23. #decembermoments: an advent calendar. sort of. on Chookooloonks.

24. Artist Transforms Old Paintbrushes Into Delicate Ladies on Bored Panda.

25. Wisdom from Jeff Foster,

Stop trying to change the world.
Love the world.
That changes everything.

26. Swiftamine – Saturday Night Live.

27. Police Deliver Groceries To Struggling Grandma Caught Shoplifting To Feed Family Of 6 on Huffington Post.

28. Shared by Susannah on her Something for the Weekend list: Fudgy Paleo Beetroot Brownies recipe, and We Never Met.

29. What’s the Best Book, New or Old, You Read This Year? on The New York Times, (shared by Tammy on her Happy Links list).

30. Making Merry on SouleMama. I’ve said it before and I’ll say it again: I want them to adopt me.

31. “Feeling your Feelings” is not the full story… from Isabel Foxen Duke.

Reverb14: Day Six

reverb14withtextProject Reverb prompt: “Where did you spend your money this year?  Did you save it instead?  What, if anything, would you like to do with your finances this year?”

My word for 2014 was “home,” and part of my intention for the year was to focus on staying home, not traveling, and focusing all my various energies on home, which meant no giving financial support to anything that wasn’t “mine.” The year before, I spent a lot traveling and helping, and I needed to “lie fallow” for a season. We did take a vacation, a month in Oregon with the dogs, and we paid off our credit cards, started saving more. I cut back on a few things so that I was spending less, and I tried to buy less books, but I was only marginally successful with that. There were projects and causes that came up that I wanted so badly to help with, but I mostly resisted. Besides our family vacation, the other loophole I allowed for was that if Susan Piver had a writing and meditation retreat at Shambhala Mountain Center, I could go (I’ll be there at the end of the month).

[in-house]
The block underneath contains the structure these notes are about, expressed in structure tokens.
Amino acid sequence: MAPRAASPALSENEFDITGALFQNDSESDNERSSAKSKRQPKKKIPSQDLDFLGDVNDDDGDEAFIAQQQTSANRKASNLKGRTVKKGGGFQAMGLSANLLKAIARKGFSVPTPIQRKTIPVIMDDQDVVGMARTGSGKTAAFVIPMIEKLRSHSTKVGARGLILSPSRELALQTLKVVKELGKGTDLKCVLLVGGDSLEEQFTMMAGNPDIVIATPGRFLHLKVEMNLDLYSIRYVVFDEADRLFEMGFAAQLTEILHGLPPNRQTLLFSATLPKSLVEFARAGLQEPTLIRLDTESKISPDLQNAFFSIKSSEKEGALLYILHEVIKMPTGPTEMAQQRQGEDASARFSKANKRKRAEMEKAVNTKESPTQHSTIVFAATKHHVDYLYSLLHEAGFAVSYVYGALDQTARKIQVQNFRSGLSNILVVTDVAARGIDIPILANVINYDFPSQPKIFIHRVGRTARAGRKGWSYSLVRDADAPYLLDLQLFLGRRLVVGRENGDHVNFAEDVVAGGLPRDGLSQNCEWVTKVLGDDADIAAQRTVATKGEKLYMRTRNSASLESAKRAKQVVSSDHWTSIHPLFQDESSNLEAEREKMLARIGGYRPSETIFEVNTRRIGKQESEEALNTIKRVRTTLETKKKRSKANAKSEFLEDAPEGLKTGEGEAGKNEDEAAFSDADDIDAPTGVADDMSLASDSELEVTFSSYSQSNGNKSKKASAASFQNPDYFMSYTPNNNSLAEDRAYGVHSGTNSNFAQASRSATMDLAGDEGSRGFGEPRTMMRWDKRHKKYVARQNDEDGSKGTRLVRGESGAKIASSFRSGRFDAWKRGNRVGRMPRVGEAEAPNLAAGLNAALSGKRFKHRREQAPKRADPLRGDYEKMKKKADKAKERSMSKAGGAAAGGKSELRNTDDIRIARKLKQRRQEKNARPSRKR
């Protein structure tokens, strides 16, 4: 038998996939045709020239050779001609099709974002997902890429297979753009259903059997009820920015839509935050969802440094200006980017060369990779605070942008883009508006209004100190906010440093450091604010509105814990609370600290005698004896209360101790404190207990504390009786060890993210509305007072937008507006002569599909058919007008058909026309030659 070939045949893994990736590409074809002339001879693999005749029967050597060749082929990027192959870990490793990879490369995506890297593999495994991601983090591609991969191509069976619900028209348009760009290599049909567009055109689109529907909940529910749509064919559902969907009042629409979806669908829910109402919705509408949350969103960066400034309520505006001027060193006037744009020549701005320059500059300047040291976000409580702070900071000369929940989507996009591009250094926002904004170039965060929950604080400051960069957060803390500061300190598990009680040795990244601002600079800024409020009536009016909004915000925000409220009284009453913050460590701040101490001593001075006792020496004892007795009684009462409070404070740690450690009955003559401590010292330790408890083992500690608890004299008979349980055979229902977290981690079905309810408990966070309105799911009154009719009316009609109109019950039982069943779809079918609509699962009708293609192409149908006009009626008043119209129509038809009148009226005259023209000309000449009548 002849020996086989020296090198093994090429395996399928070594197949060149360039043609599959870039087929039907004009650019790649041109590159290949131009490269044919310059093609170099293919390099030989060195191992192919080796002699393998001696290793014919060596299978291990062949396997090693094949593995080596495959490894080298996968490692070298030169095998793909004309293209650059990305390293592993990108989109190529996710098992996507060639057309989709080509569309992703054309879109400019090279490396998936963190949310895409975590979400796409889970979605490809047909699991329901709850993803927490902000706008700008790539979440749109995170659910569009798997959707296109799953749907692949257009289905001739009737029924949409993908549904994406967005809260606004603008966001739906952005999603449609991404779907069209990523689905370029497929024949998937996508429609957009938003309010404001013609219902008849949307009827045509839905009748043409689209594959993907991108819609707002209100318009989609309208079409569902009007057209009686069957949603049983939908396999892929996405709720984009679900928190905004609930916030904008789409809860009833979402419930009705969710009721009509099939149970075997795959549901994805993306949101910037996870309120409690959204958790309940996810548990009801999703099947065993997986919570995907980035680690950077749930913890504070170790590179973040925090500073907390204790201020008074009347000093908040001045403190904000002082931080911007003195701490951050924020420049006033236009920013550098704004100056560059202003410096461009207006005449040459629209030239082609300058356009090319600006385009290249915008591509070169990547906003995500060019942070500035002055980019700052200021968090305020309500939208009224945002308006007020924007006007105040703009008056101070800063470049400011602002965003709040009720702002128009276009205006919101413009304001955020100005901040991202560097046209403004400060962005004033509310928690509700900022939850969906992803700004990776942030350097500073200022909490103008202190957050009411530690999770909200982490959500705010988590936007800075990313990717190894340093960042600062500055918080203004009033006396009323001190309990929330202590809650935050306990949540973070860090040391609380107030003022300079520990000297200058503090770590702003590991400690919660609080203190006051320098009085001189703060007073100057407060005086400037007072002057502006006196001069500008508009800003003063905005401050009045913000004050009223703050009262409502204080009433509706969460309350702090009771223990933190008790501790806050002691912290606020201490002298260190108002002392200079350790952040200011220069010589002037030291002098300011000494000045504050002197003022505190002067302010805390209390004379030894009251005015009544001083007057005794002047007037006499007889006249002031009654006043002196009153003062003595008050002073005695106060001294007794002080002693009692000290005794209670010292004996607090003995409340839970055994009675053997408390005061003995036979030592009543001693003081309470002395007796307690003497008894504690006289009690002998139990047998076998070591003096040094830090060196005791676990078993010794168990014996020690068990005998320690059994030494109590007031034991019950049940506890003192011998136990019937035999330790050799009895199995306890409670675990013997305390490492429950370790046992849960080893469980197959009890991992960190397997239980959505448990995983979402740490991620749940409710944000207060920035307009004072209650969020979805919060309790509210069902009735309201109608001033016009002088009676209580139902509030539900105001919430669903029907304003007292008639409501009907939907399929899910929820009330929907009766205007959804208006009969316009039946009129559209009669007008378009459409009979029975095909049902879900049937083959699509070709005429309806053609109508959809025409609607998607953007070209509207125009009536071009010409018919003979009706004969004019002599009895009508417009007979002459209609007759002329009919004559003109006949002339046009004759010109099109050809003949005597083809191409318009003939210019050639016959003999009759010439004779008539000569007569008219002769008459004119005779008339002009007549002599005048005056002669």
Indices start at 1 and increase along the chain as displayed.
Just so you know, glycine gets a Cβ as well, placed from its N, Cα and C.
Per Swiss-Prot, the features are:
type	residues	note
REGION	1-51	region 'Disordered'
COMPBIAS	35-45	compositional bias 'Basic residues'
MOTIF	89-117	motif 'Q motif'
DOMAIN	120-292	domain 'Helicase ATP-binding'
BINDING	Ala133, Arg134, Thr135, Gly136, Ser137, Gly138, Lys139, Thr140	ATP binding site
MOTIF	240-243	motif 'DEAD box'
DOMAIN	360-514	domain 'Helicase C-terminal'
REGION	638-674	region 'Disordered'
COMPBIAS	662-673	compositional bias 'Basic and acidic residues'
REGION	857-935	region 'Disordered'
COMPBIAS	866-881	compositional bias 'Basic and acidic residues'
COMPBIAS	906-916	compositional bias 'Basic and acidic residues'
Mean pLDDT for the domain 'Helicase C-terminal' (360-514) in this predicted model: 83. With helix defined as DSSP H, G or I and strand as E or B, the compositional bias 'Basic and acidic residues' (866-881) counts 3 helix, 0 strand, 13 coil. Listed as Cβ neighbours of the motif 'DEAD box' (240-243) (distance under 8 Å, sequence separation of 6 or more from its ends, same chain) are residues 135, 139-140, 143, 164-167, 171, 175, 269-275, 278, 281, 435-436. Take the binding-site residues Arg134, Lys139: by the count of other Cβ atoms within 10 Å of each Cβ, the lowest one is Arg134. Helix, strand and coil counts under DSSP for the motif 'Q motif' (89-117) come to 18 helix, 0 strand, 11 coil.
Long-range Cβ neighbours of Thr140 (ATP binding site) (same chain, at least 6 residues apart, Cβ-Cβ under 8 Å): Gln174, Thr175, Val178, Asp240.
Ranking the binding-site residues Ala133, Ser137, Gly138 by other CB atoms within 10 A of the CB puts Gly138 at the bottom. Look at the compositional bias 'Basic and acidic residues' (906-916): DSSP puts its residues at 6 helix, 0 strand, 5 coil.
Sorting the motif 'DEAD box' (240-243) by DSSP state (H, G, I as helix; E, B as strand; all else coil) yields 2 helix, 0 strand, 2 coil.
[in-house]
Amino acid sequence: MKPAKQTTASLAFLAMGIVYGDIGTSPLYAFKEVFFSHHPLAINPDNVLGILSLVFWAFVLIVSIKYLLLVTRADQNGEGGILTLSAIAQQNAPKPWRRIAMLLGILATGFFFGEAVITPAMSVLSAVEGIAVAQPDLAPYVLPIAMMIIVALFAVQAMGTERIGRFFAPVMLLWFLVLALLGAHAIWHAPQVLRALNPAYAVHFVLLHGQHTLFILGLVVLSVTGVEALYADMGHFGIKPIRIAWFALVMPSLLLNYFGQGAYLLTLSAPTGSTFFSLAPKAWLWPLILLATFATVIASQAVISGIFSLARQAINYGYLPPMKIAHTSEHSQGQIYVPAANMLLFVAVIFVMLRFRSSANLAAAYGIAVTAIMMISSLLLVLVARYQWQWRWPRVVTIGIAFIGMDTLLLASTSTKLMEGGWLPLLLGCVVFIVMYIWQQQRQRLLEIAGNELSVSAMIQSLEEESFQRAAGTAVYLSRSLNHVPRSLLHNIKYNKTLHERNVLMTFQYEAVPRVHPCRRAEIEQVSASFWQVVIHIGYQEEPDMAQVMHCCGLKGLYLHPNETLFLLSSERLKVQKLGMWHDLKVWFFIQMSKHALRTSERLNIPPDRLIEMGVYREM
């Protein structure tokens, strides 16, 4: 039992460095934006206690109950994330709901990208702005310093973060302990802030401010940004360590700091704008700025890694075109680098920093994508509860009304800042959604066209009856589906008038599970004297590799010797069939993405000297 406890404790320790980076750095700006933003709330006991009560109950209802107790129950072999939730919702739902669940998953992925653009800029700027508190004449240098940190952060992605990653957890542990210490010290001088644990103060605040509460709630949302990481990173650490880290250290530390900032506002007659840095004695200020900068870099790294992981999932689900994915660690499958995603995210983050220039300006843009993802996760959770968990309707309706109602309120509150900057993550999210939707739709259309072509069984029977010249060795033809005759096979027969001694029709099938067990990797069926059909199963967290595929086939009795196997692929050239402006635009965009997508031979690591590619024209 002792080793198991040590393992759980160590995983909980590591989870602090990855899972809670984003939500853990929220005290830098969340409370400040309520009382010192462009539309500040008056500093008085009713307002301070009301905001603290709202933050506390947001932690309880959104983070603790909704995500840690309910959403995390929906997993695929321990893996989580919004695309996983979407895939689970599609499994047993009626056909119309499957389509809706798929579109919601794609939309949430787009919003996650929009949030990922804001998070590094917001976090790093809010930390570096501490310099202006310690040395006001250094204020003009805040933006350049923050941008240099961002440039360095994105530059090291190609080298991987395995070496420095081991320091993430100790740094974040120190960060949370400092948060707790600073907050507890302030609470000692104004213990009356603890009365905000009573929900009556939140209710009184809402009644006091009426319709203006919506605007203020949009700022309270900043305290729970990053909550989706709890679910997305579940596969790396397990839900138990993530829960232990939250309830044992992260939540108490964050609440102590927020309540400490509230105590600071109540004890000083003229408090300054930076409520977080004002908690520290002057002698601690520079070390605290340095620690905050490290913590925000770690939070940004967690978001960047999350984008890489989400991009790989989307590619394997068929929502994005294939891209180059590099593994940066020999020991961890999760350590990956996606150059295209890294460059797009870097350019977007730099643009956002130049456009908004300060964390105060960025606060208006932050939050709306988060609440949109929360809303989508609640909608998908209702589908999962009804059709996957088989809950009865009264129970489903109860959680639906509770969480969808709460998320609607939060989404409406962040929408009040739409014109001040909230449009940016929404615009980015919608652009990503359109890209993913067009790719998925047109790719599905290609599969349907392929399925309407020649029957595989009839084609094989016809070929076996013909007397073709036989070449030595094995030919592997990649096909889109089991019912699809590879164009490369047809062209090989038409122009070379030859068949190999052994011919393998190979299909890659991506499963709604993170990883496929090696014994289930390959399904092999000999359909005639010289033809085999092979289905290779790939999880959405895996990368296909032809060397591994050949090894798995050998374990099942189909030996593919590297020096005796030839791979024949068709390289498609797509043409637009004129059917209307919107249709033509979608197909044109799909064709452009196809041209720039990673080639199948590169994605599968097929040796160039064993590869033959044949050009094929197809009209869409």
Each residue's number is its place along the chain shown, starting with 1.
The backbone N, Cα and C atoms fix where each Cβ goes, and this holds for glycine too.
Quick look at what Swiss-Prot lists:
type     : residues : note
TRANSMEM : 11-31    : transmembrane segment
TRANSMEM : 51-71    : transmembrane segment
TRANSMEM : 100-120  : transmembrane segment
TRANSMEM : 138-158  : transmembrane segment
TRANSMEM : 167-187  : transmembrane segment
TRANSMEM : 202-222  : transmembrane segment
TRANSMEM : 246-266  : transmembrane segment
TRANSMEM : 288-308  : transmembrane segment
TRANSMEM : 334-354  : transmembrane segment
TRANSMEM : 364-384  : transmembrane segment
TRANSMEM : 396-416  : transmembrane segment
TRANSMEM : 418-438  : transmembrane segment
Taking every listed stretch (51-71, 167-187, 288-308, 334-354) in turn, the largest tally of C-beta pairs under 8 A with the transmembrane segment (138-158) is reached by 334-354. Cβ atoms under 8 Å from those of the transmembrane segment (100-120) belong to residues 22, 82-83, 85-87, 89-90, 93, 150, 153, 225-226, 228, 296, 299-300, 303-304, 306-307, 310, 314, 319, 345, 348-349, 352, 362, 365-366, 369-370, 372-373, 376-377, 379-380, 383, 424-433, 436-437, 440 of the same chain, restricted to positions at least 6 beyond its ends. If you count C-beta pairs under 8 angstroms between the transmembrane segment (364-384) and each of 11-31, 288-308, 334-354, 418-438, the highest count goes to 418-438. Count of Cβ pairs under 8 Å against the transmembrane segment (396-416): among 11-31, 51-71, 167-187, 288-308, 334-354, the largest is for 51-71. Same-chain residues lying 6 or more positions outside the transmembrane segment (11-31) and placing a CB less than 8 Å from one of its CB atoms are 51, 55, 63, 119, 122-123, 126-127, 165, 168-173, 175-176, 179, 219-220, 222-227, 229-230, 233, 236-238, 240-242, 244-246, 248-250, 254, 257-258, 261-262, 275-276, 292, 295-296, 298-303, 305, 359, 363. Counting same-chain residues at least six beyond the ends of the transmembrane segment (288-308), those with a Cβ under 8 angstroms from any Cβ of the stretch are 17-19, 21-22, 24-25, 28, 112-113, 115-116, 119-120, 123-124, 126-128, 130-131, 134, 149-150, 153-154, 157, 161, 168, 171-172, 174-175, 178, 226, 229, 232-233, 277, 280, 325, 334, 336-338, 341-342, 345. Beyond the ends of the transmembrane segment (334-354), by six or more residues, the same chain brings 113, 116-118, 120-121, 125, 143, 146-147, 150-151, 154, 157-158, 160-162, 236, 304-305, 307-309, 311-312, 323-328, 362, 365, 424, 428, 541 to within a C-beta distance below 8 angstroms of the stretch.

Next year, the places I’d like to focus on financially are: my health and wellness (whatever supplements, food, or other support I need to feel better), fixing up our home (we need a new roof, but it would be nice to finally update the bathroom, put a deck out back and a porch on the front), continuing to stay out of debt and saving money, maybe a few classes or retreats (Feast with Rachel Cole, for sure), and consulting for my “business” (the teaching and such I’d like to offer — feels weird to call it a business, but as such that’s why I need the help of a good accountant and a lawyer who understands how to legally set such a thing up).


Reverb14 prompt: “Biting back. Despite our usually sunny dispositions and dedication to the practice of ‘assuming positive intent,’ we all occasionally find ourselves having to deal with an incredibly unpleasant individual. While I’m sure you always handle it with the tact and finesse for which you’ve become so well known, I’m going to ask you to step outside yourself for just a moment. Think back to such a situation: if the gloves were off, how you really would have liked to have dealt with them?”

I don’t think I can give the answer this prompt requests. Sure, I have some examples, and when I was deep in those situations, I told the people closest to me what I really wanted to say, but I don’t at all feel comfortable airing that sort of thing here, and don’t feel like it would help.

In thinking about how I might answer this question instead, I remembered something Pema Chödrön shares in the first chapter of her book Taking the Leap.